[ UK /wˈə‍ʊbɪɡˌɒn/ ]
[ US /ˈwoʊbɪˌɡɔn/ ]
ADJECTIVE
  1. worn and broken down by hard use
    a woebegone old shack
    a flea-bitten sofa
    a creaky shack
    a run-down neighborhood
    a decrepit bus...its seats held together with friction tape
  2. affected by or full of grief or woe
    his sorrow...made him look...haggard and...woebegone
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How To Use woebegone In A Sentence

  • But even in this woebegone state, the structure was stunning.
  • Stop looking so woebegone, Justine," Grace said one evening. GO!
  • There's no need to look so woebegone - we can get it fixed.
  • The article ends with a woebegone quote from the doctor: ‘It is strange how a system can become so bad that no one, not a single person, can change it.’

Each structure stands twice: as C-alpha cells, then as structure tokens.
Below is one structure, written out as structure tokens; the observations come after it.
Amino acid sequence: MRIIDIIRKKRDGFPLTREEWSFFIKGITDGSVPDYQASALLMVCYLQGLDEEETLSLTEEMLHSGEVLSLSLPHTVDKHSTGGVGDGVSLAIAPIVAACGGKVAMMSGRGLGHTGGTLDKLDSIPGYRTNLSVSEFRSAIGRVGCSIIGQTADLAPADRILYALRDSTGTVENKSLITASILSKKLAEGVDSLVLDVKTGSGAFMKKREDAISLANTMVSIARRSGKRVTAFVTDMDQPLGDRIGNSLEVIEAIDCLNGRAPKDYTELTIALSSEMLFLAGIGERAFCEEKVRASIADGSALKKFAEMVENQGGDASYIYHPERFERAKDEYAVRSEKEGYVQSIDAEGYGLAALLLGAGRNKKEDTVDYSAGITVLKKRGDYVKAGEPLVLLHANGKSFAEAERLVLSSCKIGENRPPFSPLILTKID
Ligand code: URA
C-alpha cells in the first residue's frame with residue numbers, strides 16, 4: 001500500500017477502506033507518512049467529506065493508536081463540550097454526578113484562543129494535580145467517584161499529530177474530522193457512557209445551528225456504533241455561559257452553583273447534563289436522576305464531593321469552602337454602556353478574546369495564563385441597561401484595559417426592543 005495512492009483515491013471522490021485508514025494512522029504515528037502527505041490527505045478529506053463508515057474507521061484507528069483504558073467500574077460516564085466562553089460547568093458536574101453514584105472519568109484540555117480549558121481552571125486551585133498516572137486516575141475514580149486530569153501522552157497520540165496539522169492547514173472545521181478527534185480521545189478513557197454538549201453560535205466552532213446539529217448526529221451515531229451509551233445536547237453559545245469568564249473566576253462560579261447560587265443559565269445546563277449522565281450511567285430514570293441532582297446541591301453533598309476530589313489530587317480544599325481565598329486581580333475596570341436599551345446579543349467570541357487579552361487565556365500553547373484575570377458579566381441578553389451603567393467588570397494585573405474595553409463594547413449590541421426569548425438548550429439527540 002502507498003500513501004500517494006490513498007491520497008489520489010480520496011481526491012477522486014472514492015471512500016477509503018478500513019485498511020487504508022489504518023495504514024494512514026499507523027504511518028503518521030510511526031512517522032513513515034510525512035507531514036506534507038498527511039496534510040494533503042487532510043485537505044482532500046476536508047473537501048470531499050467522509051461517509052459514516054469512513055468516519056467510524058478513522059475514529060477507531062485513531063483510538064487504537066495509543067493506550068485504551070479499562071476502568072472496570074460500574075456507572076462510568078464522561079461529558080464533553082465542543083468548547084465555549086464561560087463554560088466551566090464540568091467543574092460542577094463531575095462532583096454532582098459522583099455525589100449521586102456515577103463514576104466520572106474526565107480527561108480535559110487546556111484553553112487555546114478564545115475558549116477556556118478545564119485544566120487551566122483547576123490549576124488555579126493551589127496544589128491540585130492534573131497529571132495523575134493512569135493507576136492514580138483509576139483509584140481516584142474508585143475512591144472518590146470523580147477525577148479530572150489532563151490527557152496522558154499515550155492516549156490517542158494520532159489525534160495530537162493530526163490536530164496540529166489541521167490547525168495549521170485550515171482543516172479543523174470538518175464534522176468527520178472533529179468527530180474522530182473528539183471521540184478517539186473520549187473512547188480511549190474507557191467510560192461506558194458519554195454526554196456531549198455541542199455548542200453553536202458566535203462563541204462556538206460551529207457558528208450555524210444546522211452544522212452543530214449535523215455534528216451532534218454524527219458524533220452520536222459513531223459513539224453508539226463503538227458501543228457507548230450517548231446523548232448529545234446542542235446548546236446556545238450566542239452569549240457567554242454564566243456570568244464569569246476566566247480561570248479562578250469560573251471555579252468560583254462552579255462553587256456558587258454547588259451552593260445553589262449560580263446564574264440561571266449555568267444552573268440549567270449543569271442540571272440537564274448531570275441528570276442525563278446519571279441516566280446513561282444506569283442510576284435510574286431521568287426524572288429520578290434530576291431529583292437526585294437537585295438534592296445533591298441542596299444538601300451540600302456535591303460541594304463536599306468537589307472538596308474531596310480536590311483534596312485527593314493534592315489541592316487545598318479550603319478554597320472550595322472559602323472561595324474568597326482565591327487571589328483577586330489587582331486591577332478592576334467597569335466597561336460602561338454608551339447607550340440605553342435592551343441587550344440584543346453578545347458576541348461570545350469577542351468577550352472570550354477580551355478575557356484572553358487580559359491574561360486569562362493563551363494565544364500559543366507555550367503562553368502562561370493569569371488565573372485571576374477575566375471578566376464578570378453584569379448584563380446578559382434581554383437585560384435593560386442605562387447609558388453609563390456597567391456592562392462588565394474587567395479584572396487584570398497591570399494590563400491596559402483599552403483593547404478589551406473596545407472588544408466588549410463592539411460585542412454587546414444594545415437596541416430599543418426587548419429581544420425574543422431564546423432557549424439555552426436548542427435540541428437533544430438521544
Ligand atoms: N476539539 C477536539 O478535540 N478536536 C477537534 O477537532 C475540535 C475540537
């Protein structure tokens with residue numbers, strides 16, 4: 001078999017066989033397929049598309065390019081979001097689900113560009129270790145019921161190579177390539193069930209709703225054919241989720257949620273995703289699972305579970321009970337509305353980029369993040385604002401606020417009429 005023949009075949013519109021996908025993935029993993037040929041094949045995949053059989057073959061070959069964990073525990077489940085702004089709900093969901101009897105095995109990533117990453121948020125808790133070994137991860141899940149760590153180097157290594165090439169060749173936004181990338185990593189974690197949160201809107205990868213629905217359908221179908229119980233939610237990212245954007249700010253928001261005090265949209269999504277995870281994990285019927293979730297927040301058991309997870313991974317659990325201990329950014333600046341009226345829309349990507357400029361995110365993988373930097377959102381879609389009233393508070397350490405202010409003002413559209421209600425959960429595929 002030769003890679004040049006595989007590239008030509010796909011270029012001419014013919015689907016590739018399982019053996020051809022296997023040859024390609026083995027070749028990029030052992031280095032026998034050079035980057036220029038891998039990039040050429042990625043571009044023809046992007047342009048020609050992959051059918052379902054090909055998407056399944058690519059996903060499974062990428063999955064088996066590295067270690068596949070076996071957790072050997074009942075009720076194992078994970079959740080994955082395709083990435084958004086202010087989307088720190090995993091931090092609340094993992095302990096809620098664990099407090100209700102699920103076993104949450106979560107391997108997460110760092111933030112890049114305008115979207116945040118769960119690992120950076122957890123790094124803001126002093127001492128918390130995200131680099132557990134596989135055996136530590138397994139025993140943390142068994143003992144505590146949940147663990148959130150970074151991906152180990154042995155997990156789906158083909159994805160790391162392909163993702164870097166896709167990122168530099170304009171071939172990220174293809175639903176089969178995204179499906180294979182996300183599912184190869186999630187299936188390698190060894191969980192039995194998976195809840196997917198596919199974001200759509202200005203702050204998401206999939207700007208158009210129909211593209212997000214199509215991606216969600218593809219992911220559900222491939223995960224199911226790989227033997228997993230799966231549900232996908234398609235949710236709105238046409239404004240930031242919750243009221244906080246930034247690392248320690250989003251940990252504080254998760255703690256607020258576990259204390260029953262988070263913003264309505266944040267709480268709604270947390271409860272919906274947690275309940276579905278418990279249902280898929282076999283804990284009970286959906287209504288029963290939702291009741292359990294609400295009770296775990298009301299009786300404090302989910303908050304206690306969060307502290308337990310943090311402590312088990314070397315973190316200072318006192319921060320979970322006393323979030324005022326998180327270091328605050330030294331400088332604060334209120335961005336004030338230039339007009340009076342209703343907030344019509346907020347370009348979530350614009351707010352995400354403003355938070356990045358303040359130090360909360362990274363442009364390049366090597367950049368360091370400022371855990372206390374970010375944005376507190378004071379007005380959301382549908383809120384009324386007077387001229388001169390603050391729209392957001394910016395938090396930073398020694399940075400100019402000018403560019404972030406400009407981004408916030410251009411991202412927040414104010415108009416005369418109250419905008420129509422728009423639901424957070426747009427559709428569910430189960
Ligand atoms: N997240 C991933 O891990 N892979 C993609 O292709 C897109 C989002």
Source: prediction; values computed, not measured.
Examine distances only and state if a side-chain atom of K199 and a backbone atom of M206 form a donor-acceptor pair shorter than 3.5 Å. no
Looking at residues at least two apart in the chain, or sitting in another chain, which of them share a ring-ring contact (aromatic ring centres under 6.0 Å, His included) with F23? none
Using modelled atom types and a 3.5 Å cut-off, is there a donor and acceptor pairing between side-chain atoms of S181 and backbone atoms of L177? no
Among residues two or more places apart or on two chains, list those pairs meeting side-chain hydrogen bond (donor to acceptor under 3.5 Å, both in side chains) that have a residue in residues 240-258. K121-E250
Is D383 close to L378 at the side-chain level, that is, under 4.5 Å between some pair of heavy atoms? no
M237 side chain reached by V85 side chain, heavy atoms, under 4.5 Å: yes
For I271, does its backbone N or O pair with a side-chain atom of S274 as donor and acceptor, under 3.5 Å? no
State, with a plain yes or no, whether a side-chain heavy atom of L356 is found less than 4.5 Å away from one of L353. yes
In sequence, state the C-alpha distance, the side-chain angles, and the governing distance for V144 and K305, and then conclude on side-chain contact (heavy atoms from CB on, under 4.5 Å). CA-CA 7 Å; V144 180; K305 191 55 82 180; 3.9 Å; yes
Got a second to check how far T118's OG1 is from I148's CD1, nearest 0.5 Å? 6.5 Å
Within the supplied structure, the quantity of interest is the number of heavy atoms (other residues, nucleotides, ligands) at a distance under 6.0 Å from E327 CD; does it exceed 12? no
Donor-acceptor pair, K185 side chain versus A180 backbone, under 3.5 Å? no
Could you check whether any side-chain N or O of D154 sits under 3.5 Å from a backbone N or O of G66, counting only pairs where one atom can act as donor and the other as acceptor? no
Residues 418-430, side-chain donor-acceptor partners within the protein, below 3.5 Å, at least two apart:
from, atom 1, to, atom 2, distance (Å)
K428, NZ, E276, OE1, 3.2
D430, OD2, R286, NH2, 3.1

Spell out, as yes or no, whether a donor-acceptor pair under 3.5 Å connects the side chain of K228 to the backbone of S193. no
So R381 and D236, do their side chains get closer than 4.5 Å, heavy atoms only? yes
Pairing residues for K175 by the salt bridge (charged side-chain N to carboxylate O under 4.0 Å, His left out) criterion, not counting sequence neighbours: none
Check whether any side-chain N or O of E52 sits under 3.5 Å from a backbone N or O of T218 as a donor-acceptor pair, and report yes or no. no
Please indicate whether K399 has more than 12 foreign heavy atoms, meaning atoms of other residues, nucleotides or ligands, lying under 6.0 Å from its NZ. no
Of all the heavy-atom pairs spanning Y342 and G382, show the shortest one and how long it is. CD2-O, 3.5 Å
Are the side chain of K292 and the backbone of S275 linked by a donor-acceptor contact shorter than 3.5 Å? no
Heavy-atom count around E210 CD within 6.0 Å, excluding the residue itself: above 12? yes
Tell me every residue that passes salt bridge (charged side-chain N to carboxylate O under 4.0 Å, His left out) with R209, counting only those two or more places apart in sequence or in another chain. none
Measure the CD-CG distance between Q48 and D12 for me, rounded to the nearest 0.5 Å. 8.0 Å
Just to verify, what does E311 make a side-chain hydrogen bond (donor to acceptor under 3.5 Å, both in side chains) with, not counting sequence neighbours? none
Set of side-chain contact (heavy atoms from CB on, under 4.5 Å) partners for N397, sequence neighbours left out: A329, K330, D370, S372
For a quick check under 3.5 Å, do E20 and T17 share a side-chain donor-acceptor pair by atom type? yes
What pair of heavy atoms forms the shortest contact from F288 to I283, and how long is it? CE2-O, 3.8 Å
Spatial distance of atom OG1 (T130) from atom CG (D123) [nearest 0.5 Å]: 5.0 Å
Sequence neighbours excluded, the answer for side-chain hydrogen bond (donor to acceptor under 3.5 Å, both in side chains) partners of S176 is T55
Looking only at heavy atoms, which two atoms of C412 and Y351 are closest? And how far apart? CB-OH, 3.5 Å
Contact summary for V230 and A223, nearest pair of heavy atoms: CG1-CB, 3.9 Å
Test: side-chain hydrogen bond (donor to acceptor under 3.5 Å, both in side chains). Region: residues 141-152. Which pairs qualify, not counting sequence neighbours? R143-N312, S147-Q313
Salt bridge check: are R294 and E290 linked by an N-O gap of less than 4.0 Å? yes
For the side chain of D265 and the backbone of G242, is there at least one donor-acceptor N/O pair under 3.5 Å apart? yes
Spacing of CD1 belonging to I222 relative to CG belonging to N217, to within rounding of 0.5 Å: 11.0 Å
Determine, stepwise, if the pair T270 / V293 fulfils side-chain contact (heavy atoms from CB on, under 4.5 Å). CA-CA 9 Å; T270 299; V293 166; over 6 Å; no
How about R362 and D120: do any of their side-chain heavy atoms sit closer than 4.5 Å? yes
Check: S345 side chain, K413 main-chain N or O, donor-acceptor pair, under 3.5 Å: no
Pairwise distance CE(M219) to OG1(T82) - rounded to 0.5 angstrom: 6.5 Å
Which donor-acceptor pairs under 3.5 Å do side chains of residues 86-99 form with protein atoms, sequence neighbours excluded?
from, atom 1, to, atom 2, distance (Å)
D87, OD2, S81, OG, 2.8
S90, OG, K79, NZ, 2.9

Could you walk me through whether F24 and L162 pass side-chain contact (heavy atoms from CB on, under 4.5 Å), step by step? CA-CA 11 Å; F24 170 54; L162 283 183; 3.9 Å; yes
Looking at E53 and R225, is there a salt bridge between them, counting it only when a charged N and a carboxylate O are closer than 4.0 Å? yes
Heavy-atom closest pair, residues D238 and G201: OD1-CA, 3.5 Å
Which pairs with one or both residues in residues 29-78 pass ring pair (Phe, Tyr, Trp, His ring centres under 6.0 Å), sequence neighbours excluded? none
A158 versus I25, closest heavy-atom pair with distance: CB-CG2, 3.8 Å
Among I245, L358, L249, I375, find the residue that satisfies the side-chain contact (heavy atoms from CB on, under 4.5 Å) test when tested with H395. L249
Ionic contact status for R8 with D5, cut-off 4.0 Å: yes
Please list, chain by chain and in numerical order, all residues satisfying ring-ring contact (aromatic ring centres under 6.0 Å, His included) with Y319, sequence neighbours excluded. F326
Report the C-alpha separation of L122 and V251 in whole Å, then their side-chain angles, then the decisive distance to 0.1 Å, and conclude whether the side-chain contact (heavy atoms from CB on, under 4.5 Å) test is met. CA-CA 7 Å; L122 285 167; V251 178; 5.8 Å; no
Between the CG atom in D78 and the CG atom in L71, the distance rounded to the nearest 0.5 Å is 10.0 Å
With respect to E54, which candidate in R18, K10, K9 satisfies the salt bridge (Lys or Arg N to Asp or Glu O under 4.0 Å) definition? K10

• She remains an orphan girl, and, as such, she partakes of the tradition of the orphan girl in the movies: outcast, woebegone, beset on all sides, but plucky and triumphant in the end.
  • When he wants to go for a walk, the dog sits by the door with a woebegone expression.
  • It was such a familiar woebegone scene, and it served to highlight just how anomalous the sunshine was.
  • In such a woebegone place, drink is a powerful aphrodisiac.
  • his sorrow...made him look...haggard and...woebegone
  • Her woebegone eyes spoke of unbearable suffering.
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